Conclusion - Most Likely Scenario:
For a region with business models and future visions tied to regional and global connectivity, expanding rail networks makes eminent sense. A combination of new resolve, high energy prices, a favorable geopolitical environment, existingproject success stories, and the establishment of regional and national institutions mandated to grow rail all leads to an inexorable conclusion: The GCC will be a major source of new rail developments over the next decade. Saudi Arabia and the UAE will lead the pack in spending and track-laying, with Qatar trailing close behind. All three will be expanding regional interconnectivity and putting pressure on others to keep up. While the dream of a GCC line that allows for easy travel from Kuwait City to Muscat may still be a distant prospect, train travel will becomemuch more common for residents and visitors over the next decade, while freight rail will add to regional connectivity.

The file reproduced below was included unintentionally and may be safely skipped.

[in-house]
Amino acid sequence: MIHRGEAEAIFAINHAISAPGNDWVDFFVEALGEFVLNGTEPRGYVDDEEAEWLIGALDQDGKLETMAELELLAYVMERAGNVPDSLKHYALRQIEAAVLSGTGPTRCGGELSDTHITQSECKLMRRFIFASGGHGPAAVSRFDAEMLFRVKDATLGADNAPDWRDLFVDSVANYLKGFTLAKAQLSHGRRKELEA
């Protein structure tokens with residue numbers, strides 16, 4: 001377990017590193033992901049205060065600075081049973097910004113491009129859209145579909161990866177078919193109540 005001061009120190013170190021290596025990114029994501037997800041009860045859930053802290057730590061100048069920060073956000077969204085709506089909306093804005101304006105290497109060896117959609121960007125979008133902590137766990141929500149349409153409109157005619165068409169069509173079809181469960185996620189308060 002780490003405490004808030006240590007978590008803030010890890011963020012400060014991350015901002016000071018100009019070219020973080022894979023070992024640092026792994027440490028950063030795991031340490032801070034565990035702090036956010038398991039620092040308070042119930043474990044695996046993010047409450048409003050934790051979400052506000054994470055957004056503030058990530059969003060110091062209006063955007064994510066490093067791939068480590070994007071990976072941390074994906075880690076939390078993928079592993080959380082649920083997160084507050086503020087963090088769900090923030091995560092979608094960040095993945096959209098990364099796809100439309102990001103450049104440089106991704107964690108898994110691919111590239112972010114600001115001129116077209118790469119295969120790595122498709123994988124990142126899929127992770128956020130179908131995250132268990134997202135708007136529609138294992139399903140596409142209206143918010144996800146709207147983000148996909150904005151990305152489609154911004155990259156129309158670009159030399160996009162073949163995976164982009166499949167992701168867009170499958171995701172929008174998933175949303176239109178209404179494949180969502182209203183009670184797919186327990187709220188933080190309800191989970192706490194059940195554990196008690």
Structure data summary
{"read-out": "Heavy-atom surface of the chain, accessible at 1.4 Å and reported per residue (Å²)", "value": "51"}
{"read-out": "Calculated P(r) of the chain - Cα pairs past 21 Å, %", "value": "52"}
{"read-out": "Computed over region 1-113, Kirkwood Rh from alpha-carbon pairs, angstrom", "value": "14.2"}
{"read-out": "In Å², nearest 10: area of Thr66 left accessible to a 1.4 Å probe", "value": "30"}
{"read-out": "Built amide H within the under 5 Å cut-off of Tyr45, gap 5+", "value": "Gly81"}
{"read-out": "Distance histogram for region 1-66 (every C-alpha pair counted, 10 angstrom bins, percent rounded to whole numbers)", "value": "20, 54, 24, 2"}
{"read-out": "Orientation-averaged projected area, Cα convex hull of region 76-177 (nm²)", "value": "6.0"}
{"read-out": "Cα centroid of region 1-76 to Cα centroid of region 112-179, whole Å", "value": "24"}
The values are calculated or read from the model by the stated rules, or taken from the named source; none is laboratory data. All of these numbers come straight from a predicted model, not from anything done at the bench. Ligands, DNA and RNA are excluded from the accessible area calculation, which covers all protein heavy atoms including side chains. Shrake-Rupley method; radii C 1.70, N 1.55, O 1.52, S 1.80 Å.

Afshin Molavi has nearly 25 years of experience covering the geo-economics of the Middle East and North Africa and broader emerging markets with postings in Riyadh, Jeddah, Dubai, Tehran and elsewhere. Currently a senior fellow at the Johns Hopkins School of Advanced International Studies in Washington, he has also held various research, reporting, analyst and leadership roles at Reuters, Oxford Analytica, the International Finance Corporation of the World Bank, emerge85 and the New America Foundation. His articles have also appeared in Bloomberg, the Financial Times, the Washington Post and the Journal of Commerce, and he is the founding editor of Emerging World, a Substack newsletter that explores the intersection of emerging markets, globalization and the key global trends shaping our future.